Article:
Whether we’re talking about aggregate or construction companies that comprise a handful of sites or ones that stretch across the world, inventory management is a priority. New tools like drones have made a major impact around expectations and logistics of that inventory management, but traditional methods like aerials are just as important of a consideration in this new ecosystem.

Stockpile Reports is an image-based stockpile inventory management system powered by a scalable, cloud-based platform for those small and large companies alike. Whether that means utilizing planes, drones or phones, being able to employ the right tool for the right job is something they’re focused on, and that concept is one we’ve explored in detail. Drones and phones obviously represent an entirely new and in many cases welcome approach to inventory management, but it’s important to understand they are only tools, and as such have their limitations.

“We're finding that people who have bought drones are creating the same bottleneck resource challenge they've always had,” explained Stockpile Reports CEO David Boardman. “They have 1-2 people in the company that can do this activity and they're in high demand because they need measurements all the time. It’s why we took the time to look at the aerial service piece in a very inquisitive way.”

That inquisitive approach ultimately led to the creation of their new Airplane Aerial Service which is designed to re-invent aerials gathered from a plane by taking out the cost and time. What used to take weeks to schedule, process and analyze now takes 10-15 minutes of going back and forth over a web portal with results in 24 hours. All of that is relevant info for operational management members, the finance team and everyone else in an organization. The manner in which that data was captured is the least of anyone’s concern.

tonnage-growth“It’s become less of a question of, 'how did you get this?' for everyone is involved,” Boardman mentioned. “It's about being able to get and use extremely accurate imagery, regardless of whether that's from an airplane or drone. By giving companies the ability to have both, they’re able to really get going with solving their inventory problems without having to wait to get their Part 107 certificate.”

The service is about giving organizations options. There are users who have started with airplanes and have plans to move to drones over time, as well as companies that might be waiting to get everything moving under Part 107. Both are able to quickly and easily use Airplane Aerial Service to take care of inventory management.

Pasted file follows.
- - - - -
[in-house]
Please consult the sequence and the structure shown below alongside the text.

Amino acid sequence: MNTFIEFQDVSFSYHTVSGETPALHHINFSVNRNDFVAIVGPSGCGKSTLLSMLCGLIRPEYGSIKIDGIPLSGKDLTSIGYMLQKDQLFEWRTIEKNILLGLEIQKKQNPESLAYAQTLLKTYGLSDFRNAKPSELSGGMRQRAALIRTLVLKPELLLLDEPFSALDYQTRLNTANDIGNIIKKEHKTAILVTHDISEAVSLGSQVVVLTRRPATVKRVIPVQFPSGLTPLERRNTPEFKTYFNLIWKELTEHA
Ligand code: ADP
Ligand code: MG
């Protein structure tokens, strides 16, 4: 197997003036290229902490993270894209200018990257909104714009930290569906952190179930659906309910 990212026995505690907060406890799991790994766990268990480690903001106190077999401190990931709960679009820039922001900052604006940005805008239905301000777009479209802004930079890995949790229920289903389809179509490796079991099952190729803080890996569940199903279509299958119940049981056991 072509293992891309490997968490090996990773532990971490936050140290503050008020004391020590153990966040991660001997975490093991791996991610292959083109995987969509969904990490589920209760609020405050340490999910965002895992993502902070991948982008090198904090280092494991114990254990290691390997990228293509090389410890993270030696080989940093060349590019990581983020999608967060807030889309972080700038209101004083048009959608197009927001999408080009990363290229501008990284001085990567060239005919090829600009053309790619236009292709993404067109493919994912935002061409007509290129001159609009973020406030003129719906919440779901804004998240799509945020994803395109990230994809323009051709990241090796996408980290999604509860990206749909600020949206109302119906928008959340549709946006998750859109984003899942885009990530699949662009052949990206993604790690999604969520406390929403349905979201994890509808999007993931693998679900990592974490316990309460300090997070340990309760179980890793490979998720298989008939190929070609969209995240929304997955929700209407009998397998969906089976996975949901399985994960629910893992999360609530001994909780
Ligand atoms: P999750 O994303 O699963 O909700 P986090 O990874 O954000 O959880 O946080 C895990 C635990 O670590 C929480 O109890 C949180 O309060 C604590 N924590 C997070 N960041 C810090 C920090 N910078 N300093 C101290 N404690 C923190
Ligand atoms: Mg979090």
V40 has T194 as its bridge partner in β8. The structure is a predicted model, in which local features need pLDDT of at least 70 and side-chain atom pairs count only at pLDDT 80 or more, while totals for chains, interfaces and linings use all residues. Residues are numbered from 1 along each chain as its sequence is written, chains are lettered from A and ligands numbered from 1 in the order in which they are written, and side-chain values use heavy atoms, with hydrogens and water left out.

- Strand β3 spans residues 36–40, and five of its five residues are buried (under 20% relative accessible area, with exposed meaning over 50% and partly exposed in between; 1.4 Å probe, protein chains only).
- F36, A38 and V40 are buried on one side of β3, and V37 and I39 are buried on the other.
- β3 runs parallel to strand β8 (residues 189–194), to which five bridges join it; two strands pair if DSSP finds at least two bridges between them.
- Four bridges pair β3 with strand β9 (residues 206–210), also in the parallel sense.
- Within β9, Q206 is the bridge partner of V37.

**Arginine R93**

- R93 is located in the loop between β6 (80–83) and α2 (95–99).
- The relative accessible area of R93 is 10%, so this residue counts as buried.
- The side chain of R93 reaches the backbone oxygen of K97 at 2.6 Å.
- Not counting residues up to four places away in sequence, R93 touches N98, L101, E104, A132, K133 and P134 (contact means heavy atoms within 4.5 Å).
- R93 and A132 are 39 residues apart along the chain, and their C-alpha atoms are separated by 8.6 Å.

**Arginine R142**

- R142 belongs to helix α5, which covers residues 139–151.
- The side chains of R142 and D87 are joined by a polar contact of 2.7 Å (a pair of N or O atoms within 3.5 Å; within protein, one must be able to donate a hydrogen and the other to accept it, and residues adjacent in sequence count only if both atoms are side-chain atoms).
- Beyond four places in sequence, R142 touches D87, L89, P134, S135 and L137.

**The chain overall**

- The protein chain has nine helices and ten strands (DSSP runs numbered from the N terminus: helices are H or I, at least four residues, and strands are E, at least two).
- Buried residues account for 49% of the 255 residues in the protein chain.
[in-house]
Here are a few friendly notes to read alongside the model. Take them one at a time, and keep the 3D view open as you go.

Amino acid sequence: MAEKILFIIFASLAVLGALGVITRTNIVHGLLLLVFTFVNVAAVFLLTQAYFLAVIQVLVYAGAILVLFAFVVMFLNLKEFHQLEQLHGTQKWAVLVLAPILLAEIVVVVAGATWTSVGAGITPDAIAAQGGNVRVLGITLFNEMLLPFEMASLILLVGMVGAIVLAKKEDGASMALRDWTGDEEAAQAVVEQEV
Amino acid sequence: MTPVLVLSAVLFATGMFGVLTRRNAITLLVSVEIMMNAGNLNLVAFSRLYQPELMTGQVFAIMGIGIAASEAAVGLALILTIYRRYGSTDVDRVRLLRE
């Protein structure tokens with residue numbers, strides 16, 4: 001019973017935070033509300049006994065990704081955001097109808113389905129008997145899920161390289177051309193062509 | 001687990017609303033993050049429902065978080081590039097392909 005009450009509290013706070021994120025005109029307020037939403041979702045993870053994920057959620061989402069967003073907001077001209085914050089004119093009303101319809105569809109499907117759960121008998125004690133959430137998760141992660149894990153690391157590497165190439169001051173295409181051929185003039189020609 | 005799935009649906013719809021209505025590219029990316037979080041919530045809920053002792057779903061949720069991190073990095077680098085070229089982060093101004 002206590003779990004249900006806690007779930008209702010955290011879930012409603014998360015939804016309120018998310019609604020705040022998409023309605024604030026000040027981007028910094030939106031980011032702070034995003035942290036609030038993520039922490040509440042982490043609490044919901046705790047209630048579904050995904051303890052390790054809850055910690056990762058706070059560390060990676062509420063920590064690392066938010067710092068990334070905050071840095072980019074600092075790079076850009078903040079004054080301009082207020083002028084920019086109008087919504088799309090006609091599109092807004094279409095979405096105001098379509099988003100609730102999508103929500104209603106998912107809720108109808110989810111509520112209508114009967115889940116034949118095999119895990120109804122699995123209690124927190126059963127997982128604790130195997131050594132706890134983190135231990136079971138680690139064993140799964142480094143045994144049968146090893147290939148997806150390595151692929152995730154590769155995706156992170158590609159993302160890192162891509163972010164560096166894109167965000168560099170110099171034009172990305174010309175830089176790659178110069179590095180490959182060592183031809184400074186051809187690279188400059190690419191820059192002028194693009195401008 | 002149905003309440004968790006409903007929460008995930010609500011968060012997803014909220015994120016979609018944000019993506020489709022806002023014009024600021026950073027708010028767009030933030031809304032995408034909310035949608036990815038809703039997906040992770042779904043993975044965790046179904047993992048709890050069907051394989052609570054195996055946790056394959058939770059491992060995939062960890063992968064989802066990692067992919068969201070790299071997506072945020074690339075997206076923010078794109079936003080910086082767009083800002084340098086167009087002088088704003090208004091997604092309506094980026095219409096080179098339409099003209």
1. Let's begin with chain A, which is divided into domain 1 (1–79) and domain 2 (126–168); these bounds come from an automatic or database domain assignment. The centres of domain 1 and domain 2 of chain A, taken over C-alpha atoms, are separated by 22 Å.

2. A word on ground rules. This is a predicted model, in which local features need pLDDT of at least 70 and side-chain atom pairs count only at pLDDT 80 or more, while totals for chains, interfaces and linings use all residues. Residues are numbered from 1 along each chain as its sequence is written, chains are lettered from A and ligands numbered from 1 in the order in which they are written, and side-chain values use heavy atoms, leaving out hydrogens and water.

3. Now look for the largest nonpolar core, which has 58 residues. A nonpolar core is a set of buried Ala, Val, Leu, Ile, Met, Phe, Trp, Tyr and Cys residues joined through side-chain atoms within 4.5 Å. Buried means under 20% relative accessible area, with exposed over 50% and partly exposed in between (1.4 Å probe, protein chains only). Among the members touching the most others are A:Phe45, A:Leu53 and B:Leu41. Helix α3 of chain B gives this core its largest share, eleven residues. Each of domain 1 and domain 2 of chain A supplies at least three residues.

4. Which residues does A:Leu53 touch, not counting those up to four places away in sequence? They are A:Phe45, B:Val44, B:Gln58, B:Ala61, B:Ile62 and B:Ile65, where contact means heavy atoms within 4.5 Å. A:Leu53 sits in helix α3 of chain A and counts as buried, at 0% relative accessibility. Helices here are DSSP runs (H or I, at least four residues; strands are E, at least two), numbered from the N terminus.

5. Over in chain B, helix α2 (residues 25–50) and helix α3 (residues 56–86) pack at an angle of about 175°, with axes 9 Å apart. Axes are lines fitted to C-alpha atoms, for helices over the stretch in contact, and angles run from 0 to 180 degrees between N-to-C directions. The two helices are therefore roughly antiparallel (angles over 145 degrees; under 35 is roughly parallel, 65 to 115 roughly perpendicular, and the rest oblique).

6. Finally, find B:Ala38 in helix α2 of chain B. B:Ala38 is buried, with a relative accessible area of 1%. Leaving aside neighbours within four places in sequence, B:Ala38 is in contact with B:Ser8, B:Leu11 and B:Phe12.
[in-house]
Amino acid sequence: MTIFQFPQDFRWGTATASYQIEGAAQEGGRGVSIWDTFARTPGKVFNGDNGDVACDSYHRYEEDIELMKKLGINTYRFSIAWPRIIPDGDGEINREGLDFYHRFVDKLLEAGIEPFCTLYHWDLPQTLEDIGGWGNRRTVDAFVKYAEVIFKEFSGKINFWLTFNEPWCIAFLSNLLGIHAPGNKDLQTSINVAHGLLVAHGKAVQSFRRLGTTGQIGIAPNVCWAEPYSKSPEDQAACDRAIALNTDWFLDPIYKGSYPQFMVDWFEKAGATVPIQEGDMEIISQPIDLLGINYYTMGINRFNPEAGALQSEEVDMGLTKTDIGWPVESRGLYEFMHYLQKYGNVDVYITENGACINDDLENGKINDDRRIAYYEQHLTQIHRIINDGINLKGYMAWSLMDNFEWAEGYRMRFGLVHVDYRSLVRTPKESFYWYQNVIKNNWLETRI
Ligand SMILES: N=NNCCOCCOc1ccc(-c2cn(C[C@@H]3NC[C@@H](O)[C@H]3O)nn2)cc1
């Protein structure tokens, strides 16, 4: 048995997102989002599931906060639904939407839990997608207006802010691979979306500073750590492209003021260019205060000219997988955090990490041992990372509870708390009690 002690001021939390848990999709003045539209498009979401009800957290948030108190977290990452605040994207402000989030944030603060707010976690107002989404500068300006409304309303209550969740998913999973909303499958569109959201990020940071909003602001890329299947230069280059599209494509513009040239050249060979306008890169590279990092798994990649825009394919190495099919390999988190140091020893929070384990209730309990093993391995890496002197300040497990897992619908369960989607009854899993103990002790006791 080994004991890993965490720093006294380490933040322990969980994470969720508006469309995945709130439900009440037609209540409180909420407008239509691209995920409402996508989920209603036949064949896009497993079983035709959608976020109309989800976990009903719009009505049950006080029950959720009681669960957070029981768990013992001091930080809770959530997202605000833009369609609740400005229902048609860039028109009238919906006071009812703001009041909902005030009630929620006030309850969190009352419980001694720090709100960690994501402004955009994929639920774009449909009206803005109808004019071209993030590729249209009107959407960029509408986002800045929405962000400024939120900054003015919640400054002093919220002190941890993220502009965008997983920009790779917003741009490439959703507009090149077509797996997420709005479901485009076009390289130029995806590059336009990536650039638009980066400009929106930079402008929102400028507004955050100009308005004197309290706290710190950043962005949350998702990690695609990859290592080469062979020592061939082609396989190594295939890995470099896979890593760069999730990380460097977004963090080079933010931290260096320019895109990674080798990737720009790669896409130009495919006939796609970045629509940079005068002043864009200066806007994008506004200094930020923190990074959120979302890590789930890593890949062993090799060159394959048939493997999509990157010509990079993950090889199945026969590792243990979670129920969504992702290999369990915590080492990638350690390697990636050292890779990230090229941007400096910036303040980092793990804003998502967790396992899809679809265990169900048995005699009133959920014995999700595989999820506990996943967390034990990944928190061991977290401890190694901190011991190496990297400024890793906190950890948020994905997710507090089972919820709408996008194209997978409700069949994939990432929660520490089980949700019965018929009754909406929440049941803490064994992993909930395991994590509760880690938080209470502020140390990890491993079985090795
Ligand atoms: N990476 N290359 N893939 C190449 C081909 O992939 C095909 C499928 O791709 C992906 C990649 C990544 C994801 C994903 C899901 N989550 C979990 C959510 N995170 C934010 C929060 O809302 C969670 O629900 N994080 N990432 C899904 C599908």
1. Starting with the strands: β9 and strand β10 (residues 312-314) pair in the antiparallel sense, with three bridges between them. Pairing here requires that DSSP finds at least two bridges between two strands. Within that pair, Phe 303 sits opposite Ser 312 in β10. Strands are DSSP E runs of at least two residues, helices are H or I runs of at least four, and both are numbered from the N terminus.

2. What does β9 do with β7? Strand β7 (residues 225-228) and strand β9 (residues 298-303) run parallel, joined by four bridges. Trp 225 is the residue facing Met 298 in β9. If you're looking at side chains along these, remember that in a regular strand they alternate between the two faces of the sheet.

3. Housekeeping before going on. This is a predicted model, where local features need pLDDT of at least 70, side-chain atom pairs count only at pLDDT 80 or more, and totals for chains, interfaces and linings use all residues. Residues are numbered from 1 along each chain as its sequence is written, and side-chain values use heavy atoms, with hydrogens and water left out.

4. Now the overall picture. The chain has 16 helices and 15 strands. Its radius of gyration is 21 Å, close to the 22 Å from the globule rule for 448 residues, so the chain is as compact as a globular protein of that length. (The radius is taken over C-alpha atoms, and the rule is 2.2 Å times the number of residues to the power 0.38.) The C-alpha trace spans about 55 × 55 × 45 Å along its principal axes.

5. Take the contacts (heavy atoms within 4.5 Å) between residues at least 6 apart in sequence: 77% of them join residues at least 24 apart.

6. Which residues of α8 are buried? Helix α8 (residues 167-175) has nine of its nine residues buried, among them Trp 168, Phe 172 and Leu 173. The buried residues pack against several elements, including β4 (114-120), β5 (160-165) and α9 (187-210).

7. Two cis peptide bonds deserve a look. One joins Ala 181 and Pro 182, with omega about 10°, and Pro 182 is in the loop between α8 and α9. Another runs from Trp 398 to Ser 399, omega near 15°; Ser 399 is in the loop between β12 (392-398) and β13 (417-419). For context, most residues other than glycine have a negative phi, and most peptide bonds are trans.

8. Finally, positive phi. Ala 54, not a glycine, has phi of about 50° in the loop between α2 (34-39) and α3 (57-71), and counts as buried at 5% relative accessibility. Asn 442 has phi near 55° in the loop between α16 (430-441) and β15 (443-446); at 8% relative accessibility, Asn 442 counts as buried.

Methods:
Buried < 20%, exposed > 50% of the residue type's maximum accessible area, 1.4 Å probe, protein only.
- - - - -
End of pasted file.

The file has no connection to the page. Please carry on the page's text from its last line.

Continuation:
Drones have been presented and positioned as being able to solve an infinite number of issues, as their impact to safety and accuracy cannot be overstated. After using a drone many companies want to do their counts more often because there's such a business benefit. However, just like you wouldn’t use a shovel to dig out the foundation for a building, using a single drone to handle inventory that spans hundreds of sites isn’t realistic. That’s where and how airplane aerials are still part of the conversation, even as some have tried to move away from them.

“Some people have such a negative correlation with aerials because of past experiences,” Boardman said. “When we mention airplanes they immediately talk about how they've done aerials and wanted to do something else because they thought aerials were too expensive and slow. It's been a fun negative pushback to work through, because clients are eventually able to see how aerials are now so much cheaper and so much faster. Users like the fact that they can use this to accelerate drone deployments, and even to make a real impact in terms of efficiency. It's very real to be able to do an inventory of 100 locations in 2-3 days.”

usage-growthAs proof of the kind of speed we’re talking about, the company’s record for most sites measured by a single UAV pilot in one day is 8, while the most sites measured by a single plane in one day is 24. Plane, drone or phone options mean that users can determine what approach is going to work best for their project, and as the charts to the right showcase, more and more people are taking advantage of these options.

Exactly how drones can or should be used by new and experienced professionals is an ongoing topic of debate, but Airplane Aerial Service from Stockpile Reports is proof that the conversation shouldn’t be about drones replacing anything. Drones will fit specific needs in the same way that planes, phones and new tools and approaches will. What’s important is to ensure whatever tool is chosen is going to be the right fit for the right circumstance.